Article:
Tuesday, July 3, 2018

Robert Olsson Photography on Display at Kent Public Library

Departure Project: Saying Goodbye 

Hit-and-run, knocked unconsciousness, reawakening to nearby stains of blood. Broken this and that. I now carry the
vulnerability of modern travel with me; the fragility of living.

Ostensibly, this is a photo-documentary, a visual study of deeds made by those in grief. How we deal with the loss
of loved ones is what this touches on. Survivors first go to the departure sites in an attempt to understand what
happened, then return to assemble shrines bringing personal items, artifacts and materials. Some sites are simple
markers. Some places are more elaborately crafted than others. I selected those which contained remnants from the lost
individuals’ lives. 

They represent and define how the departed were remembered. They include objects which celebrated the deceased‘s
identity, articles left as associations to the departed. There is a vague connection between the eff ects left and how they
make the location sacred. Some sites show participation from multiple parties. Some show the victim’s service. Some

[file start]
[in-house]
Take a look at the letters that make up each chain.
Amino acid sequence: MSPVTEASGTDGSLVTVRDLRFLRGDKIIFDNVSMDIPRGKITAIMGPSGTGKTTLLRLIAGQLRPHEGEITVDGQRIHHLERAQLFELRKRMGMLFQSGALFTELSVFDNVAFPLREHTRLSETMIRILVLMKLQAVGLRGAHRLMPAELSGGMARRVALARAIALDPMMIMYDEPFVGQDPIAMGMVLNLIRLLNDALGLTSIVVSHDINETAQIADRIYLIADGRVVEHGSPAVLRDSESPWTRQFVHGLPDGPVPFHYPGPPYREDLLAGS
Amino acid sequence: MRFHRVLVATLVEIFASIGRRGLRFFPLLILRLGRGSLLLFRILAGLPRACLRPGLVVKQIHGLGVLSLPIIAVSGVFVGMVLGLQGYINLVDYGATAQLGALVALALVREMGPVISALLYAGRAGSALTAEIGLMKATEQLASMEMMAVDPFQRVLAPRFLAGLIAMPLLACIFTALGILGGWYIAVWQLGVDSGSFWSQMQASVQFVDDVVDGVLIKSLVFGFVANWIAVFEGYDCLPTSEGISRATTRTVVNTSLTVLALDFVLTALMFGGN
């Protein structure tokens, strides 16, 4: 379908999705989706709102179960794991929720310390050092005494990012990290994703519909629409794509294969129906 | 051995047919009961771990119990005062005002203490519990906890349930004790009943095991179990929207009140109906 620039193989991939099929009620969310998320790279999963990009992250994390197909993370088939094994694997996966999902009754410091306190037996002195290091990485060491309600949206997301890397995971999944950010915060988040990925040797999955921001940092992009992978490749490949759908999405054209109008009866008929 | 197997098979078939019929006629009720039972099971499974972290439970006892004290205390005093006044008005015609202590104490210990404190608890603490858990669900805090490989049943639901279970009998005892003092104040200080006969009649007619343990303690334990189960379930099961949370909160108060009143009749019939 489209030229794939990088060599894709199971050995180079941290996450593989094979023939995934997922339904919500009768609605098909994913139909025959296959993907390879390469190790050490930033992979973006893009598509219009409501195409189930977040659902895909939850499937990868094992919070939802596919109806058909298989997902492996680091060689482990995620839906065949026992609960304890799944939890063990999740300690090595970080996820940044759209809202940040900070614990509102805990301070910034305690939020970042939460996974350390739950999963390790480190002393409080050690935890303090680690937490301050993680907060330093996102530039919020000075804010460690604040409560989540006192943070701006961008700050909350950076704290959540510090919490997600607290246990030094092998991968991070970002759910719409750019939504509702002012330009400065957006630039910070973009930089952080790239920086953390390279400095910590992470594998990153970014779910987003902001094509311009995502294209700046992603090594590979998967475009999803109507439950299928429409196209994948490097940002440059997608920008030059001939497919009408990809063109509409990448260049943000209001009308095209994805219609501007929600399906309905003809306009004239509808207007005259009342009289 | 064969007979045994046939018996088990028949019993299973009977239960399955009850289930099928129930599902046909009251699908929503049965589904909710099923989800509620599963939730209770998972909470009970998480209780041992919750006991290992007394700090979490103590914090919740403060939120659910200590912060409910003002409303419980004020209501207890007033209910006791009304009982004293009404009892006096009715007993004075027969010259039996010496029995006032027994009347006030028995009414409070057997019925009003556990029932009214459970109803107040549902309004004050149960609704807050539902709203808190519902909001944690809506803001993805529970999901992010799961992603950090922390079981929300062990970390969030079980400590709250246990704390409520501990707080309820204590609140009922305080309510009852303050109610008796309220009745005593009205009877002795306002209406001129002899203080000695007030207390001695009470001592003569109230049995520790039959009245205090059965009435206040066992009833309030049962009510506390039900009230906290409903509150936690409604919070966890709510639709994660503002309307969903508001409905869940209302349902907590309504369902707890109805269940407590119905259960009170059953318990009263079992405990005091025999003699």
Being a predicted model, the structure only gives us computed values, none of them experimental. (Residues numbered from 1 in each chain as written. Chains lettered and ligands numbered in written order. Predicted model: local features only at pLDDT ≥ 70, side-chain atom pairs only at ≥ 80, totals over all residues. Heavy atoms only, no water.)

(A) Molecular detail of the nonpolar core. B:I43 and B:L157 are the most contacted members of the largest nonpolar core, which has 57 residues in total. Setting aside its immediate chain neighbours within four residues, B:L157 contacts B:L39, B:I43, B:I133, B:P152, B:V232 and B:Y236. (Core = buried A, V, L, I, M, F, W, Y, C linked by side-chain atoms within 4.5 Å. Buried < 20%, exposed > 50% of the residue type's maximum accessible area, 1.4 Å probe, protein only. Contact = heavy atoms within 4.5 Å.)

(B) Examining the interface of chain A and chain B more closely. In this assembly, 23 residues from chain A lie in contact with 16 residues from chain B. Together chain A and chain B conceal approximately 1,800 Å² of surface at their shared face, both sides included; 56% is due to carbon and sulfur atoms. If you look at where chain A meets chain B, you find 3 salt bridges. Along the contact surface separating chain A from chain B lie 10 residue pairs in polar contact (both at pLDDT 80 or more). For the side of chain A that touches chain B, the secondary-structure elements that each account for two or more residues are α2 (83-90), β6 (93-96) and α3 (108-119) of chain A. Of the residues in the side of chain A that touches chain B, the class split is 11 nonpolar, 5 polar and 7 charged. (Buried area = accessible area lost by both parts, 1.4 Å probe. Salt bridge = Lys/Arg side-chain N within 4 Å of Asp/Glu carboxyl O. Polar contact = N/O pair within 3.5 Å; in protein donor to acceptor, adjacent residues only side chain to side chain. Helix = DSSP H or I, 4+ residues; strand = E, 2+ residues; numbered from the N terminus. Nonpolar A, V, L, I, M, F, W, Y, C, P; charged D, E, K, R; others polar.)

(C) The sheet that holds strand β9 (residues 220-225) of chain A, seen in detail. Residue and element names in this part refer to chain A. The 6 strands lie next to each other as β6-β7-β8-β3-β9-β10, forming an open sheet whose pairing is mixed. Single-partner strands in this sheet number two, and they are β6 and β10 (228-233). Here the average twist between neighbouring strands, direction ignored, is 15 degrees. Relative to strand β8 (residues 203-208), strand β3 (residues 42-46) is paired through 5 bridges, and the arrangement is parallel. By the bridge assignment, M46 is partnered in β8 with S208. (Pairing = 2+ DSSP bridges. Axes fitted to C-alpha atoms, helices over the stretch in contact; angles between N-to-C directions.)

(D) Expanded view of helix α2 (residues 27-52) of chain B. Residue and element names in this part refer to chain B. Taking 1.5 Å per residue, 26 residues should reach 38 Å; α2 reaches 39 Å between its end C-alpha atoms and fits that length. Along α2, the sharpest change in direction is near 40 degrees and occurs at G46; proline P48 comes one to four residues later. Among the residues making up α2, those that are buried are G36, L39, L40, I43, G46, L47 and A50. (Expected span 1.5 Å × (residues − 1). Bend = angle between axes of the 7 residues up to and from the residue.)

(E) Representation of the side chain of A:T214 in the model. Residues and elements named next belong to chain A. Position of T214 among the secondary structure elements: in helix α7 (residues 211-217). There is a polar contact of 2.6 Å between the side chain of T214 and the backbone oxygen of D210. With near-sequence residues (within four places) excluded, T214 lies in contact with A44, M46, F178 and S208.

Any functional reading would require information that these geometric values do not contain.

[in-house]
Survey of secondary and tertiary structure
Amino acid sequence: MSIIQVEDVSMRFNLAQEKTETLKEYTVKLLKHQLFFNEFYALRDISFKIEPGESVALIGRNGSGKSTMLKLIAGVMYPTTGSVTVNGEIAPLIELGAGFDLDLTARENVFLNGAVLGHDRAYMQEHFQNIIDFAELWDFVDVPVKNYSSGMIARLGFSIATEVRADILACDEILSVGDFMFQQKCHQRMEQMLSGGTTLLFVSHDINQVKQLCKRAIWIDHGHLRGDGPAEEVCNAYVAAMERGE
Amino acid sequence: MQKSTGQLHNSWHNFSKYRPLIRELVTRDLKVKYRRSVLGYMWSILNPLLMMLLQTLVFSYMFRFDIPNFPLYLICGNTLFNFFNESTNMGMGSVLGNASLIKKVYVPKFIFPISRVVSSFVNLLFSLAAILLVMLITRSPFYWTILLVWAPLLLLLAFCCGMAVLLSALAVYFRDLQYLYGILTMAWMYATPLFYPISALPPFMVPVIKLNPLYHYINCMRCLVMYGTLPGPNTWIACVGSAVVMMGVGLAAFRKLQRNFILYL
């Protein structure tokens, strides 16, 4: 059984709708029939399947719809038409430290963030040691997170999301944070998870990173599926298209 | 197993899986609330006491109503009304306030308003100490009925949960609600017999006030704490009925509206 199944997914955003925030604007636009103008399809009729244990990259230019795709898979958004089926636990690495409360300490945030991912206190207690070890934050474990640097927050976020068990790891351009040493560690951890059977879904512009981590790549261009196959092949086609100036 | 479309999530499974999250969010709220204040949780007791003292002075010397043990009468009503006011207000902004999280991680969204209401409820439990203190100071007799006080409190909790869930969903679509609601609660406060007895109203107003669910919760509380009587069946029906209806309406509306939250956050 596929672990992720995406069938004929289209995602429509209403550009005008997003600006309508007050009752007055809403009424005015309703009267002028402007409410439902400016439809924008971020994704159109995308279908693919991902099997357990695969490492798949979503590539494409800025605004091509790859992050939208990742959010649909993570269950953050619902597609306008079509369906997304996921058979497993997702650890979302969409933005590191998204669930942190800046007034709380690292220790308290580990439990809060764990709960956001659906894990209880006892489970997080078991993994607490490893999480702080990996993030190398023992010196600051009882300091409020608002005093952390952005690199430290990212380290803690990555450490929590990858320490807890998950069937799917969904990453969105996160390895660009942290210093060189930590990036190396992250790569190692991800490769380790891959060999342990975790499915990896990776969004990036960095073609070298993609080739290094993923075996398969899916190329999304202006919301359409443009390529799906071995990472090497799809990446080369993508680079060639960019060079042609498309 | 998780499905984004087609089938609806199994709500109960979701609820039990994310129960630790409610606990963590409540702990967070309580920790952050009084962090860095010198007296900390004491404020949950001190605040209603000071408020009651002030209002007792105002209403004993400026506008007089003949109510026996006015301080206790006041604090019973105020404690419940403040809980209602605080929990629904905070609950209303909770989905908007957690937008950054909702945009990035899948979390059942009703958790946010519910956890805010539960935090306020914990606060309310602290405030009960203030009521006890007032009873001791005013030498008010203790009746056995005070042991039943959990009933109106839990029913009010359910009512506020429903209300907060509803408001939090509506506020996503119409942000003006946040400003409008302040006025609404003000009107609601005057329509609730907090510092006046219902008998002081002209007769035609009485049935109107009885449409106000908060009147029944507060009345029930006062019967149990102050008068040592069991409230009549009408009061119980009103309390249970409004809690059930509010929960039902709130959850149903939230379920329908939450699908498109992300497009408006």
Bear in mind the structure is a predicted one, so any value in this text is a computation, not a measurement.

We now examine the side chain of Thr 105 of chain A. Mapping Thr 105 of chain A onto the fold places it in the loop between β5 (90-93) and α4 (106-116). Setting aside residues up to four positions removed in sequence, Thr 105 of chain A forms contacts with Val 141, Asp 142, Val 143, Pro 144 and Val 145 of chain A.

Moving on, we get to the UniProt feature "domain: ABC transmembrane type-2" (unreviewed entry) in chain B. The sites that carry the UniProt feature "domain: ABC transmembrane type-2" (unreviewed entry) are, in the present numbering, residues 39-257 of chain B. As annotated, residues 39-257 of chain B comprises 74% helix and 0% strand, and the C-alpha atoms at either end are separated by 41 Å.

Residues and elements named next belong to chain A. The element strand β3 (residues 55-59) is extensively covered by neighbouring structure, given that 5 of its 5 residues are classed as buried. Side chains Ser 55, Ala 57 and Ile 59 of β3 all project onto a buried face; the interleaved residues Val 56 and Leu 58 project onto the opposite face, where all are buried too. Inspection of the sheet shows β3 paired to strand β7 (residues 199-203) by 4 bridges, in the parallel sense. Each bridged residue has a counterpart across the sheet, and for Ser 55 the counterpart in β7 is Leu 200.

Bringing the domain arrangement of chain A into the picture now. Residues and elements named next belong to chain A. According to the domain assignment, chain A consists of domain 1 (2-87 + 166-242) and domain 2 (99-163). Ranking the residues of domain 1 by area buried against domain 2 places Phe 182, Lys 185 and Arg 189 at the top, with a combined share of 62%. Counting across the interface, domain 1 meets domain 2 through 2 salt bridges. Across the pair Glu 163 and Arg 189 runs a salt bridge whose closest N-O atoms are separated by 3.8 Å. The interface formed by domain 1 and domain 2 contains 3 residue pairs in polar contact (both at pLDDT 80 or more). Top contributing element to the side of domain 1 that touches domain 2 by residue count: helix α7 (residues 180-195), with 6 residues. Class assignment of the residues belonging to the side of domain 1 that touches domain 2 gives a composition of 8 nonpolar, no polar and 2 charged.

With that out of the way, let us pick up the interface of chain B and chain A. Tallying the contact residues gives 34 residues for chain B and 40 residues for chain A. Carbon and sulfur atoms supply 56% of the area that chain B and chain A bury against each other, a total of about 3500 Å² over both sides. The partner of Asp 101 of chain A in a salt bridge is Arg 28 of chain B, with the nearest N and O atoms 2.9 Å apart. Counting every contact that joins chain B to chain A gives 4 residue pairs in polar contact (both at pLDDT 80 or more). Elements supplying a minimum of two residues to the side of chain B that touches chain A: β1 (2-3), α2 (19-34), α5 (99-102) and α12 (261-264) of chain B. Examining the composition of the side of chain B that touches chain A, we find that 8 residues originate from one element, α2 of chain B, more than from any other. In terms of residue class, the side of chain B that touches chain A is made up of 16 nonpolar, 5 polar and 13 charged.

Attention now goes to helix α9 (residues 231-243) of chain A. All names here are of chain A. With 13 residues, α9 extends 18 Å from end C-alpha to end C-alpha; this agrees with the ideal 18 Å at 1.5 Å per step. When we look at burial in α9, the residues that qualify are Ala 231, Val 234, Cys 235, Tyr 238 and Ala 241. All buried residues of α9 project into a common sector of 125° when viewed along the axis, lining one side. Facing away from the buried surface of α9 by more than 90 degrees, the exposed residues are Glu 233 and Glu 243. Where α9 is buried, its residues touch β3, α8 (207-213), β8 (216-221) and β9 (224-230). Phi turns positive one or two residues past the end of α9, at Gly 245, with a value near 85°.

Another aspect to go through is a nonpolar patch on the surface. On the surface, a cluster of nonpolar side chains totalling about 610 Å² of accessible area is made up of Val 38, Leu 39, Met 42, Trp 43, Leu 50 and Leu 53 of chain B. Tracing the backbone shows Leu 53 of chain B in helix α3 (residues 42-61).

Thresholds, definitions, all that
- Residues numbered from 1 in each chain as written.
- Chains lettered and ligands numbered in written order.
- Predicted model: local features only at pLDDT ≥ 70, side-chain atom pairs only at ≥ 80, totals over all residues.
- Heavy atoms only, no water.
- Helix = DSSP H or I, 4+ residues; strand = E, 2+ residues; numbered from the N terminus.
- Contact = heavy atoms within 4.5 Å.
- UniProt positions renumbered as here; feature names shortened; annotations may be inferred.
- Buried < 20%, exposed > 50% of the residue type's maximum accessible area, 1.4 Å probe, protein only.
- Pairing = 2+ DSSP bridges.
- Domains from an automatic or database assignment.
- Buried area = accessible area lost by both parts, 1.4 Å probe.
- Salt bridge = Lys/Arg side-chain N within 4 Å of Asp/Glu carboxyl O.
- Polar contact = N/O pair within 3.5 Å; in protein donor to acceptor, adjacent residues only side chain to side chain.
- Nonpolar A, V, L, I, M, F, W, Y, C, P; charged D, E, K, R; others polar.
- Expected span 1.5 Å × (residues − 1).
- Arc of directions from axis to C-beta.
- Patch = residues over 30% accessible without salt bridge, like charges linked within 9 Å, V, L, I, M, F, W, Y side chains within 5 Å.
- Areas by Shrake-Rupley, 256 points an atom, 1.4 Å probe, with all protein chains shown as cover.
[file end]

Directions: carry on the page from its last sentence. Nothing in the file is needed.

capture the heartbreaking despair of favorite stuff ed animals on a telephone pole where a young child was killed.

We have an expectation that our people will always be there for us, yet now they’re suddenly gone. What is the narrative of these events? How did this happen? What were they doing? What were they thinking at that last moment? How much did they suffer? We do or don’t know who they were. We don’t know who testified for their angels, leaving visible fragments of expressions. A tapestry wrestling with our inadequacy to prevent the loss of one of our own; a manifestation of our need for resolution. I am reminded of my impermanence and am lead to more unanswered

Aside from a cautionary tale, what matters? The shrines represent how much time I have left. For others, perhaps they serve as a catharsis, they recognize positive eff orts of erecting crudely fashioned arrays of grief. Friends, family, devastated by their loss, return to the place where life became death. We do know this as a place of departure. The profound wish of survivors is to have their losses immortalized. They stand here at this place unable to be with their beloved. They go to the place where they feel their loss the strongest. They sense the energy gone of persons no longer
present, not knowing what is their loss or the loss of the departed.

The selections of Departure Project is sponsored by the Friends of the Kent Public Library. Special thanks to the Kent Public Library for providing a venue for display of these images. 

©2017–2018 Robert Olssonrobertolssonphotography.com